“I feel very fortunate to live in a state like Colorado. It is one of just a handful of states attempting to shift the current paradigm in order to fight global warming; however, it’s just a start and we have to move much faster now. So far, what experts predicted in “Energy Crossroads” is happening today. But what is even more alarming is the fact that they are happening at an even faster rate than expected! Our planet seems to be warming more rapidly, triggering extreme and unusual weather patterns around the globe. A NASA study found that perennial sea ice in the Arctic is melting faster than previously thought. Between the 2005 winter and the 2007 winter, it shrunk by an area the size of Texas and California combined. In addition to this, peak oil, according to a growing number of analysts, has already occurred in 2005, and rising crude oil prices keep pulling down economies around the world. We don’t have any time to waste. Steve Andrews had a great quote that I, unfortunately, didn’t use in the film:

“Business as usual is going to take us around a blind curve that has black ice on it and there is a brick wall in the middle of the road….and we are not responding fast enough. I hope that we will only get a fender bender instead of a real crack up!”

Energy Crossroads features 4 board members from ASPO-USA among other top experts and scientists from such organizations as NASA, the Institute of Artic & Alpine Research, the National Renewable Energy Laboratory, and Eco-Cycle. For more information about the film and to view a trailer, check the film’s website at :
(7 November 2007)

BBC reviews A Crude Awakening

Jamie Russell, BBC
“Oil is the excrement of the devil,” warns a commentator in this downbeat documentary, a film that promises to give petrol-heads A Crude Awakening. Filmmakers Basil Glepke and Ray McCormack poll oil company consultants, OPEC officials and ex-White House advisors and discover another Inconvenient Truth: we’re running out of oil. Life as we know it is doomed; yes, doomed. That may be old news, but this post-Michael Moore shock-doc paints a chilling picture of coming global crisis fuelled by our lack of fuel.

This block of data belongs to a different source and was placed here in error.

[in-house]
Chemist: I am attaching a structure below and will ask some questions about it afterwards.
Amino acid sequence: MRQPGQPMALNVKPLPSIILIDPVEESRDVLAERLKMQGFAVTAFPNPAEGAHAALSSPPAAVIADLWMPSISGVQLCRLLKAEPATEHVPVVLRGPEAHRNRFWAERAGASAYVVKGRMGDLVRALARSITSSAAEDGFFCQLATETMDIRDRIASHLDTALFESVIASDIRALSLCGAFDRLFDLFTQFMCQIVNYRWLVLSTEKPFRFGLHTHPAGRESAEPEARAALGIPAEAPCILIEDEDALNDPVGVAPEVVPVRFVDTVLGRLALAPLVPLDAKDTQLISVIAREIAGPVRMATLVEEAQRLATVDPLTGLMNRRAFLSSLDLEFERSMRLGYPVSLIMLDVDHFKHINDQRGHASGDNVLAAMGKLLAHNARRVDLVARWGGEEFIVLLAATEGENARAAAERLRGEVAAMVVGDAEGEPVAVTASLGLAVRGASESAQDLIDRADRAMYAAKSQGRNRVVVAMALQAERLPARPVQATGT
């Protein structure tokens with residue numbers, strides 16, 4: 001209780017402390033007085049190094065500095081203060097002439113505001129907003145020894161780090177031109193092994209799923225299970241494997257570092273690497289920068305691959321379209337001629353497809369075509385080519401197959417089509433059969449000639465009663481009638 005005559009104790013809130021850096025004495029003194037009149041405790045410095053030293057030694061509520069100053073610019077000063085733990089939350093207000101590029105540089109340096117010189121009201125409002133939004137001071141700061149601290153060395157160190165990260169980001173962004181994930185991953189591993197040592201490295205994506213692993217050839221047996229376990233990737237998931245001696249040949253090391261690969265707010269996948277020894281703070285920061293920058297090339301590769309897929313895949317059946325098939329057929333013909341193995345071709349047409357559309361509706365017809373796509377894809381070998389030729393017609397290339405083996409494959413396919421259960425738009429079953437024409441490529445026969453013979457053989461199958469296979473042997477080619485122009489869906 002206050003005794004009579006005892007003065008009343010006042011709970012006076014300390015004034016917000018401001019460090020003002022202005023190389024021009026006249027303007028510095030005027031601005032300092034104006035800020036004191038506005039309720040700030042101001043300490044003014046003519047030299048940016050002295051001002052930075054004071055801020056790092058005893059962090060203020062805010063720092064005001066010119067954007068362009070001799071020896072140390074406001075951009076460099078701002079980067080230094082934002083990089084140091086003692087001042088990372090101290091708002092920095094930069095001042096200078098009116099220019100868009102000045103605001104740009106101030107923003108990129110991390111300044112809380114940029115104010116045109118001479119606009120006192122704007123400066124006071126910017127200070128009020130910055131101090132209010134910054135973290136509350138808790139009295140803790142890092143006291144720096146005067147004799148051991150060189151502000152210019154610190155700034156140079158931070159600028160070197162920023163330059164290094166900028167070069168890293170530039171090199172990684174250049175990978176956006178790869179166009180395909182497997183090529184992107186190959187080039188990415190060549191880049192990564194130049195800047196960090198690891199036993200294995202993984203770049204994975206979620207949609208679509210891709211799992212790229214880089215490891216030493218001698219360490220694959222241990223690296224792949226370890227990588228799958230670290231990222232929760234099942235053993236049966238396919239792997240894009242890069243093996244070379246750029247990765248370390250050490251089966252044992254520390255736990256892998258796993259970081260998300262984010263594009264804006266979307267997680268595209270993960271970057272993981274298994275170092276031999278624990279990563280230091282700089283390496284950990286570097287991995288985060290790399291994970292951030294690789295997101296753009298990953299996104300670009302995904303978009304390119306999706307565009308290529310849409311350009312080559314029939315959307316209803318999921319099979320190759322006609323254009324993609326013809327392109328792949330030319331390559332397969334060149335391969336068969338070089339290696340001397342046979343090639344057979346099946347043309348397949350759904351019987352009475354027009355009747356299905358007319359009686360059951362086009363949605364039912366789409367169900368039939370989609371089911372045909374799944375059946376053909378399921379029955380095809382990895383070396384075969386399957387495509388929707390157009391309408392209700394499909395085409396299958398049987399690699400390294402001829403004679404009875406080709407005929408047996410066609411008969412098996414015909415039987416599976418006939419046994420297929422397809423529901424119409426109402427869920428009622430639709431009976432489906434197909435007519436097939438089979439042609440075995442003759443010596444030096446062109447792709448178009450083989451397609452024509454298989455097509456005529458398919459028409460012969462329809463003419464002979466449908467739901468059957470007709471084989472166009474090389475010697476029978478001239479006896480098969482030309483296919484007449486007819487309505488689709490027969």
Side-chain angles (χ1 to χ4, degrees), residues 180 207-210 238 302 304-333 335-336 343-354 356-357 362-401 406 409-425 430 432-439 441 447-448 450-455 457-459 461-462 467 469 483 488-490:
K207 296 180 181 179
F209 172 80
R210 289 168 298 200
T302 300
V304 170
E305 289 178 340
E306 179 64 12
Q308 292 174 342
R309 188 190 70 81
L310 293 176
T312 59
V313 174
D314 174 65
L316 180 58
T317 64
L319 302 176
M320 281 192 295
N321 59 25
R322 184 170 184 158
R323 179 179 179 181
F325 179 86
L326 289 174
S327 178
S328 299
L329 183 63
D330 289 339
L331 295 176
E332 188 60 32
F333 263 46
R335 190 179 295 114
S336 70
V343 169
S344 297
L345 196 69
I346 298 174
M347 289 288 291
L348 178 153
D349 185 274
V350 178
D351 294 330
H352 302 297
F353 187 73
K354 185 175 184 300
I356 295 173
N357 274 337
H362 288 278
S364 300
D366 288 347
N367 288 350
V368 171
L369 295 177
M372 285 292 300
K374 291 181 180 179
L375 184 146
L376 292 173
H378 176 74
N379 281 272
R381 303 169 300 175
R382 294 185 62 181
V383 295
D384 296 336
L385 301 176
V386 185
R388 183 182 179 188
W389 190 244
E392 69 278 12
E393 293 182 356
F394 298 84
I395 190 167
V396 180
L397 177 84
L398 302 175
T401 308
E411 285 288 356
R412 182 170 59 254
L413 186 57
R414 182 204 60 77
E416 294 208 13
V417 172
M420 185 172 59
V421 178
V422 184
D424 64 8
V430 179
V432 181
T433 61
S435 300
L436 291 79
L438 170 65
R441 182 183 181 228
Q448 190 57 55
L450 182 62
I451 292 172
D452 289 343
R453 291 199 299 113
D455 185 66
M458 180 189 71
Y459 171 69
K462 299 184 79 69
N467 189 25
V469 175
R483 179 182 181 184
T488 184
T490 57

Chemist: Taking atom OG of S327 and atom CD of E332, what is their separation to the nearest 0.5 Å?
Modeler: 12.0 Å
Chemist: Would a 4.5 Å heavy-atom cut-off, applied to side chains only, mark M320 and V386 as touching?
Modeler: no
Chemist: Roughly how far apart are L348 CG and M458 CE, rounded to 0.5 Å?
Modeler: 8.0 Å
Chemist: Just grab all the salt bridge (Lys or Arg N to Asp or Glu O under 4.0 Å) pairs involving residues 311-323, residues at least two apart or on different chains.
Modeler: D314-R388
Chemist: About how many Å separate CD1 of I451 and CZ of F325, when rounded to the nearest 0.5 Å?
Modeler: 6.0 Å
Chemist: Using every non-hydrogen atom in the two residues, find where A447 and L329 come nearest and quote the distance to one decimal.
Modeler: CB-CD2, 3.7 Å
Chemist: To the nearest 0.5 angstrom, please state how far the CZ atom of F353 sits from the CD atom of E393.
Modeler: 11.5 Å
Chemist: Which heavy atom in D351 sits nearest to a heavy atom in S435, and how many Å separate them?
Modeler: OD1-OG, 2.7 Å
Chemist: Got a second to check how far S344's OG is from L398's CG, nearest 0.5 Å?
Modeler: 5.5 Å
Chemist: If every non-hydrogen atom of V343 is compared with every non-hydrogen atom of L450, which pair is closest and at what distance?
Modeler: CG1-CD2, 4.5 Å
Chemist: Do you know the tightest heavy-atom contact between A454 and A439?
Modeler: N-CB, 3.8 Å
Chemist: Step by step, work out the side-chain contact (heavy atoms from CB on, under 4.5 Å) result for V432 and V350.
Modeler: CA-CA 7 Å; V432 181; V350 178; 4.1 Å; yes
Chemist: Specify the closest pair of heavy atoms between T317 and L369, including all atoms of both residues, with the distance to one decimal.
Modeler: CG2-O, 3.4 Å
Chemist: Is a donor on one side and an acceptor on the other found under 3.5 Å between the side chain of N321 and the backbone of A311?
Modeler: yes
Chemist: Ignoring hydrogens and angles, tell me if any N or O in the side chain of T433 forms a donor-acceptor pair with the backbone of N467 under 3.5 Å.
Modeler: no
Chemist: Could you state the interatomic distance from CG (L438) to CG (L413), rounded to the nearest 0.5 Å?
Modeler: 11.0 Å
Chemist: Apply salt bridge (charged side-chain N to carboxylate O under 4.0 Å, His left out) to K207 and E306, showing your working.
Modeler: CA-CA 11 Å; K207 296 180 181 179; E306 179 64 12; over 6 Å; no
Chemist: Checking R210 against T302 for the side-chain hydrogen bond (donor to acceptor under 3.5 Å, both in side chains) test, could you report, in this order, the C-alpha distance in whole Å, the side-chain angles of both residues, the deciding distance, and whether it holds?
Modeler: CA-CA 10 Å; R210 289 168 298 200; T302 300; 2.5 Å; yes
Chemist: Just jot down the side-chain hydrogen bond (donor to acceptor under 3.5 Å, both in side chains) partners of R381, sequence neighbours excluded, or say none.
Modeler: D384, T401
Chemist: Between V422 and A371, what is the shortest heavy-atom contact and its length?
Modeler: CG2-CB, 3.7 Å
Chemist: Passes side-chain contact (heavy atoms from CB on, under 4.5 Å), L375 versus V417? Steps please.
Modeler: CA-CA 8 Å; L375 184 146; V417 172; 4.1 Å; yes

There’s no doubting our addiction to the black stuff: it accounts for 98% of all our transportation; for every calorie we eat we spend ten calories of hydrocarbon energy. Worse still, everything from plastics to pharmaceuticals depends on it. Yet, supplies are finite. Back in the 1950s, Shell geologist Dr Marion King Hubbard was virtually laughed out of his profession for predicting that we’d reach the peak of global oil production in the 1970s. Fifty years on, he’s been proved right: oil fields are drying up, while global demand increases year on year.

Cutting back and forth between its apocalyptic futurology and grimly ironic archive footage (including some hilariously wide-eyed Esso ads from the 1950s), A Crude Awakening wants to shock you. It’s an unbalanced, one-sided argument that would have benefited from a more unbiased spin. The experts all come from the Eeyore school of pessimism, predicting mass disaster with no little relish: more Iraq-style adventures (“the militarization of oil”), more ecological damage and long-term social collapse. Don’t expect technology to save us, either. Researchers claim the wells will run dry long before an alternative is found. The message is clear: when black gold runs out, we’re all going to go bankrupt. Act accordingly.
(5 November 2007)
Despite his grousing, Jame Russell gives the film 3 stars out of 5. Users give it 4 stars.

Crisis? What crisis? (A Crude Awakening)

Ruth Campbell, The Northern Echo (Northern England)
Are we running out of oil? The simple answer is yes’. As a controversial new film about our fuel crisis predicts imminent global meltdown, Ruth Campbell discovers what will happen when the last drop of black gold is spent

PREPARE to be scared. Very scared. A controversial new film released tomorrow reveals why we should all be worried about the world’s oil supplies running out and it’s much more frightening than a horror movie.

Most of our transportation, most of the goods in our shops, most of the food we produce is reliant on oil. So what will happen when it’s all used up?

According to the makers of Crude Awakening: The Oil Crash, our cosy world could be about to come to an end. And there will be no going back.

Oil, say the film’s makers, is “the bloodstain of the earth’s economy”, and will soon trigger a global conflict that will cost millions of lives.

While North-East expert Andrew Aplin, professor of petroleum geoscience at Newcastle University, considers such language overly dramatic, the core point of the polemical documentary – that we are about to run out of oil – has, he confirms, the chilling ring of truth.
(8 November 2007)